"It's ridiculously complacent," said Evan Lucas, market strategist at IG, noting the price of protection, measured by the Vix, is at its lowest since 2005, suggesting the market is overly confident. "That's when retail clients start to jump on board. It's always at the end of a rally," he said.
Even the Federal Reserve has gotten in on the complacency concern.
Read MoreThe risks of VIX-tied investing
"Volatility in the markets right now is unusually low," New York Federal Reserve Bank President William Dudley said last month, according to a Reuters report. "I am nervous that people are taking too much comfort in this low-volatility period and as a consequence of that, taking bigger risks."
To be sure, not everyone is on the complacency bandwagon.
"To say investors are 'complacent' is, in our minds, utter and total nonsense," Dan Greenhaus, chief strategist at BTIG, said in a note Thursday. "Saying others are 'complacent' is a shorter way of saying 'I've been concerned about X and thought Y would happen as a result and it didn't, so everyone else must be complacent,'" he added. "Because an outcome someone thought might happen didn't happen, doesn't mean others are complacent. It means they were correct."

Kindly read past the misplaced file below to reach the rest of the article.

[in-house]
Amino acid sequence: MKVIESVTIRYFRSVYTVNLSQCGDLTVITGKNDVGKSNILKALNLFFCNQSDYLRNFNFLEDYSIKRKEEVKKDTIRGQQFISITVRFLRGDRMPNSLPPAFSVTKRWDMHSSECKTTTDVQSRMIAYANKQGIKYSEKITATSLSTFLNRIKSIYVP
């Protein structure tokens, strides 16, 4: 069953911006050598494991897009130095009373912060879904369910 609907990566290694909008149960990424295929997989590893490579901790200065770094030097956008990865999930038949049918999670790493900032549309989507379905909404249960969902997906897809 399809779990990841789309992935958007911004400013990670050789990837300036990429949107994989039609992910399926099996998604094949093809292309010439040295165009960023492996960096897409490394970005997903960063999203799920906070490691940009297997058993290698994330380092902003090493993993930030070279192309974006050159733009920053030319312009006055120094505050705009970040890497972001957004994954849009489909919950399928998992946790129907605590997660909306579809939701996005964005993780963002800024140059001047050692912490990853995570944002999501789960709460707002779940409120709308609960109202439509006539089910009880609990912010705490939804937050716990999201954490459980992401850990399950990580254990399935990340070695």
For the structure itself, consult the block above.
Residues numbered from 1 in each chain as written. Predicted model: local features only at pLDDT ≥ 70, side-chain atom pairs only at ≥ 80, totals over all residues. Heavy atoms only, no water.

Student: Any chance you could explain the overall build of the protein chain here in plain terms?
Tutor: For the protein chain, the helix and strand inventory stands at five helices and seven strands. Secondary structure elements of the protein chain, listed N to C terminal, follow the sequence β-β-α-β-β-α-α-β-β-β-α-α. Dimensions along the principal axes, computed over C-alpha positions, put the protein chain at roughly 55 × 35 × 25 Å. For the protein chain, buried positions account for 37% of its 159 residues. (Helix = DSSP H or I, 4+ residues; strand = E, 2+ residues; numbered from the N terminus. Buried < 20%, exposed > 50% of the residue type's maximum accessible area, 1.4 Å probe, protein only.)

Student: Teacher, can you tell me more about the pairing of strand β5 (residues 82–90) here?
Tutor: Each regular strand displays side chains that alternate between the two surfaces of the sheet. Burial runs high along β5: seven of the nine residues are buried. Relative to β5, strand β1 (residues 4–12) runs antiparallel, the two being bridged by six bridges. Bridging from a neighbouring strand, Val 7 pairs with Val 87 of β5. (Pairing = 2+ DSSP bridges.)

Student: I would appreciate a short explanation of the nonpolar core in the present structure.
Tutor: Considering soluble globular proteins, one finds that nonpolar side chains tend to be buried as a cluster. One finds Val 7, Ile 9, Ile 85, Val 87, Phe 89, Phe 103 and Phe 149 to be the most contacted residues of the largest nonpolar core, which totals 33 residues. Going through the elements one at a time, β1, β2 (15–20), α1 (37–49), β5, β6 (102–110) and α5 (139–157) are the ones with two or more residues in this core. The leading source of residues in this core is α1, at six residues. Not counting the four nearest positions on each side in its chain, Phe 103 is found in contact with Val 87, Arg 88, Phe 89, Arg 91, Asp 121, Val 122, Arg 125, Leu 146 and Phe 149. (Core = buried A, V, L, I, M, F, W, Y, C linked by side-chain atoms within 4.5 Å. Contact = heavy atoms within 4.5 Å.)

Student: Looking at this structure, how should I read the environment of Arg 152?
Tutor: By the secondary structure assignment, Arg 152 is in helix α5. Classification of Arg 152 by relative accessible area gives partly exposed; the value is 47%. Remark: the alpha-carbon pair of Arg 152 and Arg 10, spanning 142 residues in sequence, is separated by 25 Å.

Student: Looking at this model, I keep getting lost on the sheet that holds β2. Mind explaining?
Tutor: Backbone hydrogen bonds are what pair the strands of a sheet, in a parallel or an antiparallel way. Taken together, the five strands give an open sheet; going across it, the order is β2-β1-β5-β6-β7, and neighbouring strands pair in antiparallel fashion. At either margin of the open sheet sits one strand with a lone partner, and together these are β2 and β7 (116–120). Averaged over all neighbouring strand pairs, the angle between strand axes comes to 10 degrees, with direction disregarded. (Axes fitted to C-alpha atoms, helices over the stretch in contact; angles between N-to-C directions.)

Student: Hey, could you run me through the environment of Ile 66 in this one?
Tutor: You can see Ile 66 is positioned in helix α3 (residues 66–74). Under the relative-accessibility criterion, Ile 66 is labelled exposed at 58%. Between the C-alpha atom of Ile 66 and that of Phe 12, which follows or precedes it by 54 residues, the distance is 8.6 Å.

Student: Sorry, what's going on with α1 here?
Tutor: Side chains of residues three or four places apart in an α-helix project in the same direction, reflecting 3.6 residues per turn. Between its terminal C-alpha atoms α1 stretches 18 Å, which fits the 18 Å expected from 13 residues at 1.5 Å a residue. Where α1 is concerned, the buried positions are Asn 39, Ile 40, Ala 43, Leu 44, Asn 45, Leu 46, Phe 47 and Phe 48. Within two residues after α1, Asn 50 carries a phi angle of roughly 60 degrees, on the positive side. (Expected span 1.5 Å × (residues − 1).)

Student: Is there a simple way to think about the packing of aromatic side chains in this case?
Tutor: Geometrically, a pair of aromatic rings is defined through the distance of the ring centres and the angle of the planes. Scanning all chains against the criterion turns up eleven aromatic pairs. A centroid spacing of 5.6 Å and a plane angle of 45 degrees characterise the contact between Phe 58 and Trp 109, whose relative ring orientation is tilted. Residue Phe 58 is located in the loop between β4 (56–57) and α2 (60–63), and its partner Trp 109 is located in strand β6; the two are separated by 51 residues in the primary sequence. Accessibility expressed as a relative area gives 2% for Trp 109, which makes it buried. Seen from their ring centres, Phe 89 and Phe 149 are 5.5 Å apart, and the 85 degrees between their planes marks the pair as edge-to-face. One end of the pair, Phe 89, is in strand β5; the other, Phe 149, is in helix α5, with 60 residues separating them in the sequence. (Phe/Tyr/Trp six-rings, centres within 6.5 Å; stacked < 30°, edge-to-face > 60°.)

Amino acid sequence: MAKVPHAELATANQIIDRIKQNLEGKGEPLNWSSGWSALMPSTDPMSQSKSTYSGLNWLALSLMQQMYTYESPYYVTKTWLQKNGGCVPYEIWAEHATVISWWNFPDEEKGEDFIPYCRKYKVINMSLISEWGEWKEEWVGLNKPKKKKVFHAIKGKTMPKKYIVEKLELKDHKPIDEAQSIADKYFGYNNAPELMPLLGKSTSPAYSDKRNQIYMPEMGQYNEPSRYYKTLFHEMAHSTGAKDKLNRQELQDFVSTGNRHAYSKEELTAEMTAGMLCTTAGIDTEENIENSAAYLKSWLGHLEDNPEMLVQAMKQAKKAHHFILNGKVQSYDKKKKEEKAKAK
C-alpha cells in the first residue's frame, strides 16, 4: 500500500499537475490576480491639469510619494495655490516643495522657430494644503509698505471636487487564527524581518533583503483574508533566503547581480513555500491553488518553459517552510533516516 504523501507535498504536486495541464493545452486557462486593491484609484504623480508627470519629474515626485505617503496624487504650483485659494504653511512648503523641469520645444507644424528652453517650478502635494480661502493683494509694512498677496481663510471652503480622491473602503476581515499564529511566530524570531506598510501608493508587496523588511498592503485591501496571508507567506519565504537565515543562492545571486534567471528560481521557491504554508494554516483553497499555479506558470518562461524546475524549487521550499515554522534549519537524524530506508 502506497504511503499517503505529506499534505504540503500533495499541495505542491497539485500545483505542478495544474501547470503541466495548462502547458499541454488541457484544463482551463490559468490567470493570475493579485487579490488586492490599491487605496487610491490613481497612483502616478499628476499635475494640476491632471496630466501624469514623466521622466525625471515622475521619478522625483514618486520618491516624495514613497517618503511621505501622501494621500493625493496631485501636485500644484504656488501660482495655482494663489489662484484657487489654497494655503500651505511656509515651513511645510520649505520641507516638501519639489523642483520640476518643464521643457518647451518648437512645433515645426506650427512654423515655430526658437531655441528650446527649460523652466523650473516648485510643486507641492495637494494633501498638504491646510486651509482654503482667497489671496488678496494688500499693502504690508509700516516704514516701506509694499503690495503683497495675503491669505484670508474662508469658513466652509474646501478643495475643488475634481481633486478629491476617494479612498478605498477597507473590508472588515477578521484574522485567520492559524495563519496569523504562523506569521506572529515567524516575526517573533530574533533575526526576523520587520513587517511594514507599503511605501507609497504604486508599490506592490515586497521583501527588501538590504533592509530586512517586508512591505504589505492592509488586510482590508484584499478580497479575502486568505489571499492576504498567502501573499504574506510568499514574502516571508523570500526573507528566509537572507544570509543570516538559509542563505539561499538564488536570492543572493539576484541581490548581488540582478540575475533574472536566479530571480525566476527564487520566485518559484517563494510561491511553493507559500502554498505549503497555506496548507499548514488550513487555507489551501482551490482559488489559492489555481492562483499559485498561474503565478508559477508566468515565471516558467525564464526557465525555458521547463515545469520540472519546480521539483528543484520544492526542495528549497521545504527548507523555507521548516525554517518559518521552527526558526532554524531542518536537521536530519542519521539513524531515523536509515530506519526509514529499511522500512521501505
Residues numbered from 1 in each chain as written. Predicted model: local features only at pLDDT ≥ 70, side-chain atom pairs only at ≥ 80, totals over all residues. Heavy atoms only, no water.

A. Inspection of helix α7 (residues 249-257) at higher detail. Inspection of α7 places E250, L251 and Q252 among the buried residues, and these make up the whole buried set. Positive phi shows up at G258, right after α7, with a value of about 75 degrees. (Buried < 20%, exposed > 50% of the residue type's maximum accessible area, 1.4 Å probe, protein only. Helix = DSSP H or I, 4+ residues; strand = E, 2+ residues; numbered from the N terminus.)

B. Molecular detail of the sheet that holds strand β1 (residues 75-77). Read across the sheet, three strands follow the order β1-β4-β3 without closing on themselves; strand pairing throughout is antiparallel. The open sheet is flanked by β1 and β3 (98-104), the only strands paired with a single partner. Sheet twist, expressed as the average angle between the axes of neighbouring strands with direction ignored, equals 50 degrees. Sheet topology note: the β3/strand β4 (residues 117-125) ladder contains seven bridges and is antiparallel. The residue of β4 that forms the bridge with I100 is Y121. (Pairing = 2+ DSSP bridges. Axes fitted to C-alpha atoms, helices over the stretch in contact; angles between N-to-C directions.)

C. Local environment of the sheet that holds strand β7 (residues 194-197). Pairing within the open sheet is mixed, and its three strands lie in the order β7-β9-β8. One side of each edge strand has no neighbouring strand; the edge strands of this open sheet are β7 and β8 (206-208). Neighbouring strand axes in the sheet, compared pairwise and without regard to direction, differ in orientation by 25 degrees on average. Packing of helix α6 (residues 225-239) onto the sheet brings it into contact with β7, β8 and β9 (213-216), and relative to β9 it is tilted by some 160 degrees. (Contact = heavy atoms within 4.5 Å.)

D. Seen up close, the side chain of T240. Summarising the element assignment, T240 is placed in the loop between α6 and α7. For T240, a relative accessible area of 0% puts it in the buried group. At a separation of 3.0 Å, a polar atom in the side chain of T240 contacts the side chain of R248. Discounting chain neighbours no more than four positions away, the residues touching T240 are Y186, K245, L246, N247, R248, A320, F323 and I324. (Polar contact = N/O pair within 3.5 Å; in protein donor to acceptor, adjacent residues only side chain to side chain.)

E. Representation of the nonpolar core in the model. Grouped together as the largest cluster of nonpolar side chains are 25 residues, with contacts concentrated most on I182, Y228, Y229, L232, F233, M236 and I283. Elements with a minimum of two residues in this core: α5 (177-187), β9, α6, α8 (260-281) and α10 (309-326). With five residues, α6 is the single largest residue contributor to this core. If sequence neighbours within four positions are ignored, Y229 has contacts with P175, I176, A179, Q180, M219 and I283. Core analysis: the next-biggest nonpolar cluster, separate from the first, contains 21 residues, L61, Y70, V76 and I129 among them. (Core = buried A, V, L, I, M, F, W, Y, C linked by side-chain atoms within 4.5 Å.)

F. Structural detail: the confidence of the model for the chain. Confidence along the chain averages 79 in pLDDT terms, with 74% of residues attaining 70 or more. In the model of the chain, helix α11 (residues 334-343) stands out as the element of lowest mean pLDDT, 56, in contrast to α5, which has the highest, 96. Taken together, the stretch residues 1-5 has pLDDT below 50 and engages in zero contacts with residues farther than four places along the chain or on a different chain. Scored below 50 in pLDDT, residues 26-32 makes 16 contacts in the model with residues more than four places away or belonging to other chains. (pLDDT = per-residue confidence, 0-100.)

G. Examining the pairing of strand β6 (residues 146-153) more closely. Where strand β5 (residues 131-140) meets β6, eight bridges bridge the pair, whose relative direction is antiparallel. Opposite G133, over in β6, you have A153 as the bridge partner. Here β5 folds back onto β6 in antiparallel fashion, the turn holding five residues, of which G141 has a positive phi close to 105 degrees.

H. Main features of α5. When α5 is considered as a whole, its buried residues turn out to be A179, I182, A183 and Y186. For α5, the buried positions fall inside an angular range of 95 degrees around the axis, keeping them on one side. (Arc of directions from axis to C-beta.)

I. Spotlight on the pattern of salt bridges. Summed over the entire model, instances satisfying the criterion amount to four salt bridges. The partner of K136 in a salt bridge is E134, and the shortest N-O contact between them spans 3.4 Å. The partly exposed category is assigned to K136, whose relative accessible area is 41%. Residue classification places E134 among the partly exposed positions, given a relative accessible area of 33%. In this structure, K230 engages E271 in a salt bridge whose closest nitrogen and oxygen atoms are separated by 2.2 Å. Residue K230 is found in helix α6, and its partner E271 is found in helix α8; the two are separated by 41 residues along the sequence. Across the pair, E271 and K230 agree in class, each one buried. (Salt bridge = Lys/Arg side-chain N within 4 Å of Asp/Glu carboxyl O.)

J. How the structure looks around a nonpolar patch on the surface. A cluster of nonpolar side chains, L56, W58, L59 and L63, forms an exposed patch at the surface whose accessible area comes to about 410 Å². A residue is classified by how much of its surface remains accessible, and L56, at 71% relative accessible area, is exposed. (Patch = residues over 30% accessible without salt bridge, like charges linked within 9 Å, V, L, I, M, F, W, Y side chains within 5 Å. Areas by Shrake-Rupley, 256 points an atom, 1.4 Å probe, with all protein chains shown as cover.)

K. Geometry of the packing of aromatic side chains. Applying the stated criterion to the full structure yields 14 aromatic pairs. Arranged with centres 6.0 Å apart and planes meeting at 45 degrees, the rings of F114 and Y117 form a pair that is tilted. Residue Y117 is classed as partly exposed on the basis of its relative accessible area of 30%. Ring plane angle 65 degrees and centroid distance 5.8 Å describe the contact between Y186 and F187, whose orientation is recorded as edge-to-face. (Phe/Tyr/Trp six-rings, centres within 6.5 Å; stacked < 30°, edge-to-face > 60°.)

Read MoreRecent market rally lacks conviction
He noted that conversations with clients indicate no shortage of worries, ranging widely from the Fed ending its asset purchases to high stock valuations to PC demand and Ukraine.
"There is much to worry about as there was in 2010, 2011, 2012 and 2013. And worry everyone did," he said.
Read More Low market volatility—a plus or storm ahead?